A recent Oregon Health & Science University study in the Journal of Pediatric & Adolescent Gynecology found significant misconceptions among young people about the safety of period management options — gaps in understanding that can limit quality of life and feed cycles of misinformation.
Using an online survey of U.S. residents ages 14 to 24 via the social media platform TikTok, researchers posed questions related to menstrual history and menstrual pattern preferences — specifically, period suppression and the absence of bleeding.
It’s possible to delay or prevent a period with extended or continuous use of birth control pills or other types of hormonal medication, for example by skipping the non-hormonal placebo pills in a monthly birth control package. This method, known clinically as medication-induced amenorrhea, is normal, safe and does not cause any long-term consequences to health or fertility.
More than two-thirds of study participants indicated a preference to avoid any bleeding — if the method was assured to not have any permanent effects on the body. However, there were widespread misconceptions about the safety of this method: More than 63% of survey respondents felt it might be unsafe if hormone medications stop your period bleeding.
“Due to insufficient menstrual health education at school, these conversations are often left to families and friends, who may be perpetuating myths rooted in religious or cultural norms and biases. This can create a dangerous cycle of misinformation,” said Maureen Baldwin, M.D., M.P.H., associate professor of obstetrics and gynecology in the OHSU School of Medicine and co-author of the study.
“Our goal as clinicians and researchers is to continue to normalize conversations about periods so young people can better understand their own bodies and make informed decisions about their health.”
The study is a continuation of OHSU’s efforts to understand levels of menstrual health literacy across the country and the effect of various demographics, including geography, religion and age.
The OHSU-led research team in July published a study which found that, in this same online population of teens, health literacy is lower among adolescents with certain religious backgrounds and among those who live in the South.
These findings demonstrate the need for an evidence-based national curriculum for menstrual health, Baldwin said, including information that addresses the safe and effective use of hormonal medications for menstrual suppression, and the signs and symptoms of abnormal bleeding.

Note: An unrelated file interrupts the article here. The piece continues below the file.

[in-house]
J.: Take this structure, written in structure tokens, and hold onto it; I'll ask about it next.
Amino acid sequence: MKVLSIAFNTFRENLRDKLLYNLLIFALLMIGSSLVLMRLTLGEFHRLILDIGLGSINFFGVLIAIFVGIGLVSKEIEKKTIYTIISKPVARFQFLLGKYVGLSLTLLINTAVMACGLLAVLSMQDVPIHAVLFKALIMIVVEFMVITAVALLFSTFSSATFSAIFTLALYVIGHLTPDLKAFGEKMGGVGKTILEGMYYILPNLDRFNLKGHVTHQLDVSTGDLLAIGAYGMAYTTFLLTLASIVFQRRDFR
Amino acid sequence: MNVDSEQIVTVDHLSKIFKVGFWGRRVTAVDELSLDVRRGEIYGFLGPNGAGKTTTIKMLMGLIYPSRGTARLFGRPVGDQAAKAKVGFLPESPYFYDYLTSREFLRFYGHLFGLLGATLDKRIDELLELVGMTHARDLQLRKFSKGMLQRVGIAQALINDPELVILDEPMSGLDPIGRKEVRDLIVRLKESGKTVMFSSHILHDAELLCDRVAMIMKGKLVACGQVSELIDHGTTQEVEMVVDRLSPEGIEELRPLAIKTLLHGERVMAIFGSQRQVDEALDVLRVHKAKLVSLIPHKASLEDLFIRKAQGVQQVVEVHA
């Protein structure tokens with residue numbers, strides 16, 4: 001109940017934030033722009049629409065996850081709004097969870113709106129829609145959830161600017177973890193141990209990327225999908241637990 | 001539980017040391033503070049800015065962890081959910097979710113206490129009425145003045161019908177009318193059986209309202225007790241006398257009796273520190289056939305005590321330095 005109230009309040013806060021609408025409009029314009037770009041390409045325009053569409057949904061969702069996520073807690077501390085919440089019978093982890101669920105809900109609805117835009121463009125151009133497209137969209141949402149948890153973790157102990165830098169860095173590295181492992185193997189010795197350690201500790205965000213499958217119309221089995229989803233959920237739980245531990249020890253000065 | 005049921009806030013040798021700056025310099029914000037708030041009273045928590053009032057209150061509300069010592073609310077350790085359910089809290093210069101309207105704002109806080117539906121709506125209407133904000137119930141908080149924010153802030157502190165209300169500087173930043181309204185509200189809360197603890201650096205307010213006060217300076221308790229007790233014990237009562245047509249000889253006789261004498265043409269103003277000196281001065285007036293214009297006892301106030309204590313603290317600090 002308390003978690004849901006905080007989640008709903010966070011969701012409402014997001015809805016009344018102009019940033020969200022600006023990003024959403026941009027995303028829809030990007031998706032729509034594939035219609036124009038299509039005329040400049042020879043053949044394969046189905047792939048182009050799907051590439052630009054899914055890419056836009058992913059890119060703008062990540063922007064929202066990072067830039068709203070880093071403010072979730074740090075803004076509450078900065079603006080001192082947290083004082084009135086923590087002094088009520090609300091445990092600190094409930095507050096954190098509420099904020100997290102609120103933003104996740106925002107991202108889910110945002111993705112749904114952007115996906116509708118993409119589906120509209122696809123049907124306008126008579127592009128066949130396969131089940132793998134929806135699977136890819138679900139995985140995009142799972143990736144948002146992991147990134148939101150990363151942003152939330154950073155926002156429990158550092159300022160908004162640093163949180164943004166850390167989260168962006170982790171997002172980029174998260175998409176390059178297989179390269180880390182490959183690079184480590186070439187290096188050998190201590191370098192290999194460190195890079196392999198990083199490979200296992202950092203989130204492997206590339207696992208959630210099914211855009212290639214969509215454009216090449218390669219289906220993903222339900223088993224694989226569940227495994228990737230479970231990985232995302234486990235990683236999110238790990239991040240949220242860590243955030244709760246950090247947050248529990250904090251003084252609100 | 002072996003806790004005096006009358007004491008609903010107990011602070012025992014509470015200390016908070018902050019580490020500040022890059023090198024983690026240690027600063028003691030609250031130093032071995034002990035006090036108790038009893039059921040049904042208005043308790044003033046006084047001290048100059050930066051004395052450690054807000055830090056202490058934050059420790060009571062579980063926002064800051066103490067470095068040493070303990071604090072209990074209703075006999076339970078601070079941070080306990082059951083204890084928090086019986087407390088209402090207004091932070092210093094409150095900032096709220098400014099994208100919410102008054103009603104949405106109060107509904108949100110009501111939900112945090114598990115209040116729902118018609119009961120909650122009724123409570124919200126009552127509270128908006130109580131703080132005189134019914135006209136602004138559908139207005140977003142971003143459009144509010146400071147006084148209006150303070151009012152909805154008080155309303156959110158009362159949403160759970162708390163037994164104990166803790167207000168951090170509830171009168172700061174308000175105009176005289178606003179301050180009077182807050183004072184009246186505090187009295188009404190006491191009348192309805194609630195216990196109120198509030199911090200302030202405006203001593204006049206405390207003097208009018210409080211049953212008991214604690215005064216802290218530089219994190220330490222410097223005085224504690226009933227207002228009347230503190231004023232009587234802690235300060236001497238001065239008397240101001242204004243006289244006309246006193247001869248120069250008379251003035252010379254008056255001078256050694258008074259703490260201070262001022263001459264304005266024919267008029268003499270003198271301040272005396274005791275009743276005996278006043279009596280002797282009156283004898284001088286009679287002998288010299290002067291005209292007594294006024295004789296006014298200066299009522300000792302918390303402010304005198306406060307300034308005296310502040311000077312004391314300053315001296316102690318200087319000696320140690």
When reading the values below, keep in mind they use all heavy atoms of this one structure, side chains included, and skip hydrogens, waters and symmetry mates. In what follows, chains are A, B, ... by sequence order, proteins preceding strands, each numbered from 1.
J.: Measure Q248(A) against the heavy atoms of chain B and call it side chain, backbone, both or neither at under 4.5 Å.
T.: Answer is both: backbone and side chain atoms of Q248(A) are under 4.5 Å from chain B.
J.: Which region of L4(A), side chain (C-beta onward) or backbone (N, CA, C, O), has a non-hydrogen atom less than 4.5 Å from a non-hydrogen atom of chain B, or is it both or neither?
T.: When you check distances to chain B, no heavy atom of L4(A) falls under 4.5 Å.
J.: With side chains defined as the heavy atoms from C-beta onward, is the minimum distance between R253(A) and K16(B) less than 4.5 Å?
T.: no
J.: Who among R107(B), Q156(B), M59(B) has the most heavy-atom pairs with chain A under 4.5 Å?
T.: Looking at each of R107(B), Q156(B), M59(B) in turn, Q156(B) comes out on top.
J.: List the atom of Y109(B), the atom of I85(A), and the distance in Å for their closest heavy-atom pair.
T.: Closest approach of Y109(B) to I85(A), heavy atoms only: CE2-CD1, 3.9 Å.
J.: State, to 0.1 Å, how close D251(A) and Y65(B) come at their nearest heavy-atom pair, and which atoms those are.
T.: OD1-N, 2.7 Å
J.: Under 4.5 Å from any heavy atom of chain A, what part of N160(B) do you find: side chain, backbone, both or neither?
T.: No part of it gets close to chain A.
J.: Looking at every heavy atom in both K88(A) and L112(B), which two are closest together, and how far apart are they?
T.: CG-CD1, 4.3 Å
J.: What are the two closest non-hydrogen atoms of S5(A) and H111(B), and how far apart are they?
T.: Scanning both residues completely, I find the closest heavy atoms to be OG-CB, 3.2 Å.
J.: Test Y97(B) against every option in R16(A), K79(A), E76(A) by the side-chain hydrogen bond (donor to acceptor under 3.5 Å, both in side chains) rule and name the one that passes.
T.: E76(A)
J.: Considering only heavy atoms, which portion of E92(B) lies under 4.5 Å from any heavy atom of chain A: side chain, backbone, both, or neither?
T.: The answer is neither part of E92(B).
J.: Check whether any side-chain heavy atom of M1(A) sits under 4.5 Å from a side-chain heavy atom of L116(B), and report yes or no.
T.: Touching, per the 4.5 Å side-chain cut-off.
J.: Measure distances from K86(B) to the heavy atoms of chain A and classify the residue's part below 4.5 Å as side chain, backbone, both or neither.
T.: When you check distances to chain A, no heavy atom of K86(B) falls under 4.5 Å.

Currently, only 24 states in the U.S. mandate reproductive health as part of their schools’ curriculum, and only 20 require information about contraceptive options.
“There’s always a lot of discussion around sexual education, but if you look at any school curriculum, there is no other health education that’s standardized in schools,” Baldwin said. “There’s no mandate that teaches kids at an age-appropriate level what a normal period should look and feel like, and the options available to help optimize quality of life when menstruating.
“Until we improve health education around menstruation, we will continue to battle rampant misinformation.”
Looking forward, Baldwin and colleagues at the OHSU Center for Women’s Health are focused on identifying the various components of a successful menstrual health curriculum. The team is working with clinicians to determine the elements to be included in the curriculum and at what age and grade levels certain topics, such as physiology and hormones, should be introduced.
“Periods are a normal, biological function experienced by half of the world’s population,” Baldwin said. “It’s crucial we break down the stigma around this topic and empower young people to make health decisions that are best for them and their unique circumstances and preferences.”
Research reported in this publication was supported by the National Institutes of Health (NIH) under Award Number K12HD085809. The content is solely the responsibility of the authors and does not necessarily represent the official views of the National Institutes of Health.